Publishers Are the Real Victims of Ad Fraud
While ad fraud causes advertisers to lose billions each year, it brings even more devastating consequences to publishers and content creators by undermining trust in the economy that funds their work.
It’s no secret that digital media is experiencing growing pains. Huge staff cuts and shifts in leadership have become the rule rather than the exception among major publishers. Internet users’ attention spans are getting shorter all the time, and competition for it is only getting more fierce. Writers, video producers, and other content creators are all struggling to find stability in an industry that can’t seem to effectively monetize what they produce.
But if making a profit in the media business has become more difficult, it’s not for lack of technological sophistication. The digital advertising systems used to monetize publishers’ content today are armed with cookies, analytics, and advanced targeting capabilities. These tools help brands understand who saw what ads, when, from what kind of device, and whether it pushed them to a conversion with levels of precision that were unthinkable even five years ago.
As people are consuming more media than ever before and our mechanisms for tracking and monetizing that consumption have never been stronger, why is it that publishers are still struggling to turn all that attention into a reliable stream of advertising income? The industry’s problems can be put down to a wide variety of different factors, but one of the biggest, least often discussed of them is ad fraud.
Ad Fraud Doesn’t Just Hurt Advertisers
People tend to think of ad fraud as a problem that principally impacts advertisers. But while fraudulent impressions obviously hurt the advertisers who buy them, they arguably have a much deeper impact on the publishers whose business depends on the trust of those advertisers.
With the exception of a few sites who rely on subscription service models, the vast majority of digital publishers pay the bills by offering their readers as audiences for advertisers. The internet’s principal commodity is the attention of its users, so the more of that attention publishers are able to garner, the more advertisers are willing to pay for inventory on their site – and the more publishers are able to pay their creators for the attention they attracted.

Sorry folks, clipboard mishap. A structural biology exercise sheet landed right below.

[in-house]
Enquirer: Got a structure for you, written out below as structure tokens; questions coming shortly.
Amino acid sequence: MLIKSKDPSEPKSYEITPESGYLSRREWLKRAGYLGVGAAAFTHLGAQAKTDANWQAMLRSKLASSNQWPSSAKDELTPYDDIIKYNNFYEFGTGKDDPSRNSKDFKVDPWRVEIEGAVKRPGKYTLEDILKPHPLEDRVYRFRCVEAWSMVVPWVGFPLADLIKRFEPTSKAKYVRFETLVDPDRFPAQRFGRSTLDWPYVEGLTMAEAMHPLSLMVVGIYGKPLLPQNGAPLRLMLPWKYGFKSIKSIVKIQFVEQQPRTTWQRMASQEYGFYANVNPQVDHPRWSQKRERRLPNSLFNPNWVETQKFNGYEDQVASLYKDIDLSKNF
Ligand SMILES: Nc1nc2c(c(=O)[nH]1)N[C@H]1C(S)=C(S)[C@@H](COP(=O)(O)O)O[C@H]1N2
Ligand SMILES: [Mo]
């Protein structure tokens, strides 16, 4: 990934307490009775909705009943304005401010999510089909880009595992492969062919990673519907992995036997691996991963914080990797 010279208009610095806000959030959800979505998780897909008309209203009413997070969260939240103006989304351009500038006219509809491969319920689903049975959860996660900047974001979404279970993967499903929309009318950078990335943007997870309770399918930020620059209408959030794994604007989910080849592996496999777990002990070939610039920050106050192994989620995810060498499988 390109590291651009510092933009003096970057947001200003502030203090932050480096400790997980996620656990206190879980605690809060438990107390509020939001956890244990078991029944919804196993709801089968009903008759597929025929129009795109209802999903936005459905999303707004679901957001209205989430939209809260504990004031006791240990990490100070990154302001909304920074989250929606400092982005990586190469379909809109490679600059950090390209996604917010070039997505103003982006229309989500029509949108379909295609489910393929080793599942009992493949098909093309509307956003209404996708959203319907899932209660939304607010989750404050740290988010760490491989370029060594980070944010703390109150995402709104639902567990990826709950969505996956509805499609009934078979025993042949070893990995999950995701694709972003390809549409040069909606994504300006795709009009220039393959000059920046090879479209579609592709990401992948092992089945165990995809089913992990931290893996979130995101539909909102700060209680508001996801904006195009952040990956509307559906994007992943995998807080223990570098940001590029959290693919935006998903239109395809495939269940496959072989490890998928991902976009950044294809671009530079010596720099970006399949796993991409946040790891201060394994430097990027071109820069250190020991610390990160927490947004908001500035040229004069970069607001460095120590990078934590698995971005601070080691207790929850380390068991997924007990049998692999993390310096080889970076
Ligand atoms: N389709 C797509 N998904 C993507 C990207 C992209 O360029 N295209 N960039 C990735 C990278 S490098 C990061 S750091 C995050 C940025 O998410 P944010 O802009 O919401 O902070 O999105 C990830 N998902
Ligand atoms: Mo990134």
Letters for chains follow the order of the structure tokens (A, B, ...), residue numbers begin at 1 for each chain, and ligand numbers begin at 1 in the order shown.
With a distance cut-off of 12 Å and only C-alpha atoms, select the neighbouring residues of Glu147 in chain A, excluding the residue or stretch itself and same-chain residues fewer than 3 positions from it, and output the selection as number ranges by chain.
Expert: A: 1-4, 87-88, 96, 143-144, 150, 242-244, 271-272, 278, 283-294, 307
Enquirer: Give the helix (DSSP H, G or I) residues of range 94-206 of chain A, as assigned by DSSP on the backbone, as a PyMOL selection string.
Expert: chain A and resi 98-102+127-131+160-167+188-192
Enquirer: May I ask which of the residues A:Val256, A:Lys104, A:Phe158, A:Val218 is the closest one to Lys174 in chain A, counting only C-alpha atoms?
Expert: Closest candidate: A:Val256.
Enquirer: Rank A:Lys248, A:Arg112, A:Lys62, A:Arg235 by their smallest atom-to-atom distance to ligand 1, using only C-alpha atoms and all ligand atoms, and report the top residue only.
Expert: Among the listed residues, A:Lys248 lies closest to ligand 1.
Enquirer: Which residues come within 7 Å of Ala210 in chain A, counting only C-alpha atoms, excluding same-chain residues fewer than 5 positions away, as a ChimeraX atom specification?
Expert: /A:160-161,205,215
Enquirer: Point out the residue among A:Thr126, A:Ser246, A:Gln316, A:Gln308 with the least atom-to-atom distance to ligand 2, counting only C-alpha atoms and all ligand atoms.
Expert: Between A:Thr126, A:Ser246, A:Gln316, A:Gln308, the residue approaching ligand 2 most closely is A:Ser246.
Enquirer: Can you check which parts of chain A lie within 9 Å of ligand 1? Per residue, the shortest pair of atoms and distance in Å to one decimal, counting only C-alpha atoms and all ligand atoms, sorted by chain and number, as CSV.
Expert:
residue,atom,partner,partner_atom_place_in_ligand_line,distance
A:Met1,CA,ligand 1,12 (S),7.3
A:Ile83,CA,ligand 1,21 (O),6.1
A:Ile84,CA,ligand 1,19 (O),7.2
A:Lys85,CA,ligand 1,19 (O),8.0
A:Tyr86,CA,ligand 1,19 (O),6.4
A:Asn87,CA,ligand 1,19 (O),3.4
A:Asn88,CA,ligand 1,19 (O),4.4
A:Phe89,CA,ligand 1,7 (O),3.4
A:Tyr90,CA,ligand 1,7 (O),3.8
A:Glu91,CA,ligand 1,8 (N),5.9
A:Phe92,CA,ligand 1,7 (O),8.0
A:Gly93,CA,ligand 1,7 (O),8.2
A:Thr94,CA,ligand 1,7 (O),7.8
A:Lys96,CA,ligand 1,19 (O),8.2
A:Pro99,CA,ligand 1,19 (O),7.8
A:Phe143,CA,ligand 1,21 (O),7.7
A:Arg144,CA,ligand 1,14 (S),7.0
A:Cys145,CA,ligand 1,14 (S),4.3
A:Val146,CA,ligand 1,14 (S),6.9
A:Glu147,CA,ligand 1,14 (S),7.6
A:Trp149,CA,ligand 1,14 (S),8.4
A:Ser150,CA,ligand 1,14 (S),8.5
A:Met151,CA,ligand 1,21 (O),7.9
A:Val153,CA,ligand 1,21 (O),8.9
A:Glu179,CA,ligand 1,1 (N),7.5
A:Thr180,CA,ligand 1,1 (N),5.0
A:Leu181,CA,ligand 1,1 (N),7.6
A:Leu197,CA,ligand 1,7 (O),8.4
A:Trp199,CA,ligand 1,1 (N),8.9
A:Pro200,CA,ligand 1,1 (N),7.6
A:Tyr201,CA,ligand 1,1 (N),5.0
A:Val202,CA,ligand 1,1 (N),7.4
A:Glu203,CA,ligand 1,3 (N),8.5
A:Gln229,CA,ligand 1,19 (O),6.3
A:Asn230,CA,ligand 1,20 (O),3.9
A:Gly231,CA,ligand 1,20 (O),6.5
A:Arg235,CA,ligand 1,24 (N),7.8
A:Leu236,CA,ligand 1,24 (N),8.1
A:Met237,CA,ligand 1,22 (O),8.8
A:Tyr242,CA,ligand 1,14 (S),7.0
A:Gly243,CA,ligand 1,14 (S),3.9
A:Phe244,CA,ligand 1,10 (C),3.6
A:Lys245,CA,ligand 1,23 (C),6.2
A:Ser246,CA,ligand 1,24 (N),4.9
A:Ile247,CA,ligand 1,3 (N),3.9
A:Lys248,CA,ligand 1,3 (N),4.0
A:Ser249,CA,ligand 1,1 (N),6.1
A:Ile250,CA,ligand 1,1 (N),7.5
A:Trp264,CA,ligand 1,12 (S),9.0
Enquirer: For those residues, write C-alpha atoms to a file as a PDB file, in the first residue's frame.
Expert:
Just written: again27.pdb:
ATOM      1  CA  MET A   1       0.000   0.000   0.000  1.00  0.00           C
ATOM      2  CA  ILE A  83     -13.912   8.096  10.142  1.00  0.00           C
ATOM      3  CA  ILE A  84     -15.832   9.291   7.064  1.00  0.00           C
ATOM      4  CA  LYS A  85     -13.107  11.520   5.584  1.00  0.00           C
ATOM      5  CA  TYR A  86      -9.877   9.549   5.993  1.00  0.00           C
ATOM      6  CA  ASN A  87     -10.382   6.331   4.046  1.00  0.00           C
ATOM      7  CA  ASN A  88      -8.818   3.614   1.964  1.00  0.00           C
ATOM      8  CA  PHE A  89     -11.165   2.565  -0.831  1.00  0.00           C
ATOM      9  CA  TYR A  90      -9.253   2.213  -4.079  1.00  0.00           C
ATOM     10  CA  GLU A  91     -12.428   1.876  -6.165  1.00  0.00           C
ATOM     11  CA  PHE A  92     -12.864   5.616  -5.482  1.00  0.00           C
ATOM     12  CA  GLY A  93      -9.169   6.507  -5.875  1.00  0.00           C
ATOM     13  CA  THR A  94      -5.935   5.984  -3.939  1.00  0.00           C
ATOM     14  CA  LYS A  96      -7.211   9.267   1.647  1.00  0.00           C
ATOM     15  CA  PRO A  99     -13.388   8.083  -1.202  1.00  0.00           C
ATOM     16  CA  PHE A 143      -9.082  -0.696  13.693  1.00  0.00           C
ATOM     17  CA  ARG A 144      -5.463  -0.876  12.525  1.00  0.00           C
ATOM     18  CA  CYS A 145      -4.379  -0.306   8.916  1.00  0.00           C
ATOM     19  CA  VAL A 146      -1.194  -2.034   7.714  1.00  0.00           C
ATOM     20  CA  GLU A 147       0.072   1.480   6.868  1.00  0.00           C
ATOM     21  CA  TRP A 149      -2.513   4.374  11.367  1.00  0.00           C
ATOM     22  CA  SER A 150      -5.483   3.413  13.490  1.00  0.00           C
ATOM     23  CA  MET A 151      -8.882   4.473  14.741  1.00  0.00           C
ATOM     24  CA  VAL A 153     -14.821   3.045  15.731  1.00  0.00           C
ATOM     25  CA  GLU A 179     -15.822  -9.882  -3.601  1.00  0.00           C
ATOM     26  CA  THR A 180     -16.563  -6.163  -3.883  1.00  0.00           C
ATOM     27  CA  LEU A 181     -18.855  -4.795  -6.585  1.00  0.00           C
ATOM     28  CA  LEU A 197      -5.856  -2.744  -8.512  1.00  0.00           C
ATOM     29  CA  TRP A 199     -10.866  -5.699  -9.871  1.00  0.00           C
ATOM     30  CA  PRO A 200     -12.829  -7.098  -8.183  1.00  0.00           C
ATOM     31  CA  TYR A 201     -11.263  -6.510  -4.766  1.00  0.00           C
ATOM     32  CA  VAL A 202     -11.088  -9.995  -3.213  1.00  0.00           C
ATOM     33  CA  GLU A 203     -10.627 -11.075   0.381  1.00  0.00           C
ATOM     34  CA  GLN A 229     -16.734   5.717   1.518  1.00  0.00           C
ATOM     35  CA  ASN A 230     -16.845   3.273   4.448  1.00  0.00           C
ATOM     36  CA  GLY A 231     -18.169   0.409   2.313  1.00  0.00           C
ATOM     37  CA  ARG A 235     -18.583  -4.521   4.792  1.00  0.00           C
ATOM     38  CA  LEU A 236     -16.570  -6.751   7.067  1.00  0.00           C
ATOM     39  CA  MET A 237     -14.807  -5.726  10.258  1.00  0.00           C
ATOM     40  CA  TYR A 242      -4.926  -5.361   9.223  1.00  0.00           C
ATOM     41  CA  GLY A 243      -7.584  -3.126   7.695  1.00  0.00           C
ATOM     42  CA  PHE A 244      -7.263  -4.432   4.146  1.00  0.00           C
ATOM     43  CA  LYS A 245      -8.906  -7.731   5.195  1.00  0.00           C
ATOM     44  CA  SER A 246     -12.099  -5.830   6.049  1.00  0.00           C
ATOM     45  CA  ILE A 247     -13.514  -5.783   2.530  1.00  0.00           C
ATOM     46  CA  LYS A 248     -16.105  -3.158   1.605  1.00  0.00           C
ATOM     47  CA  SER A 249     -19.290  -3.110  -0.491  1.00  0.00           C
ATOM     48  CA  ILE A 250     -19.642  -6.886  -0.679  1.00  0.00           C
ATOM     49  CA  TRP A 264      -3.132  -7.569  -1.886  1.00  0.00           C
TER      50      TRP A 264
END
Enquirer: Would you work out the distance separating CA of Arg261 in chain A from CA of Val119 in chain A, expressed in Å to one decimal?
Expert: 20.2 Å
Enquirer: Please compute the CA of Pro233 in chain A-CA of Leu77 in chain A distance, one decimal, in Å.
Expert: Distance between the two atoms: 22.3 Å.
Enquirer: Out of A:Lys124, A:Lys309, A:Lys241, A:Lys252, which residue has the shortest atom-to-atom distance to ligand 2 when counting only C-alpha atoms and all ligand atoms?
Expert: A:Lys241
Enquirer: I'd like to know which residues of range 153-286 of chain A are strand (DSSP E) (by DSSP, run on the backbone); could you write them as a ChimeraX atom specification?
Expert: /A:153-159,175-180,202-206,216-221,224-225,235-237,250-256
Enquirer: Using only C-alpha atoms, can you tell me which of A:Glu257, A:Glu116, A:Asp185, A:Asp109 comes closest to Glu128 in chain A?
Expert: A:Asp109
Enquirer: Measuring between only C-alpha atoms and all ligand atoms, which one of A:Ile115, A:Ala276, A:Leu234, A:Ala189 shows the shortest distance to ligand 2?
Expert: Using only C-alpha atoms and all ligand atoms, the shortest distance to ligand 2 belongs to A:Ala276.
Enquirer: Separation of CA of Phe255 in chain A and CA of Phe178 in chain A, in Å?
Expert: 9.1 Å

What cybercriminals do is create counterfeits of this vital commodity, tricking advertisers into buying impressions that aren’t coming from real, interested users. This obviously steals money from the advertiser that could have been spent on real human audiences, but it also suppresses the value of the commodity on which publishers and content creators base their business. Since fraudsters don’t have to spend money creating content that will attract real users, they can offer their fake inventory at far lower prices, forcing legitimate publishers to offer their legitimate inventory at lower prices in turn, thus artificially deflating the entire market.
Advertisers are losing profits to fraudulent advertising, but by deflating the value of ad inventory in general, ad fraud causes publishers to lose the very thing that enables them to make a profit in the first place.
Engineering a Solution
While individual advertisers have some recourse in their fight against ad fraud in the form of pre-bid bot detection and other forms of anti-fraud technology, the way forward for publishers is less clear. A dedicated fraudster can spend close to nothing and spin up more views for a completely blank web page than the New York Times homepage gets in a few hours. Why bother purging non-human visits to your website when competitors with completely fraudulent audiences are beating you out for advertising dollars?
What publishers need to fight against fraud is a way of proving to advertisers that they have real human engagement. The solution might be as simple as a verification system like the one Twitter uses to distinguish popular accounts from would-be imitators. Much like the industry uses Ads.txt to cut out fraudulent media buyers, publishers today could work with anti-fraud specialists to demonstrate that their traffic is coming from real human internet users and take market share back from fraudulent competitors.
In the meantime, the industry can take an approach to fraud detection that minimizes negative impact on publishers. Some advertisers may tend to favor an aggressive approach that blocks any transaction that shows even the slightest signs of fraudulent activity, but it’s easy to see how this tactic is disadvantageous for publishers, who may see their sales unnecessarily impacted as a result. Bot detection methods like those favored by White Ops presume every interaction is innocent until our software is able to definitively prove otherwise, ensuring that legitimate publishers are able to sell their inventory without fear of being unjustly blocked.
Whatever tactic publishers adopt in the fight against ad fraud, it’s important that they begin to settle on one quickly. Digital publishing may suffer from a wide range of problems, but none of them are as fundamental as the fraud that’s undermining their value to advertisers. With the help of advertisers and cybersecurity experts, publishers may be able to save not just themselves, but the economy that sustains the modern internet.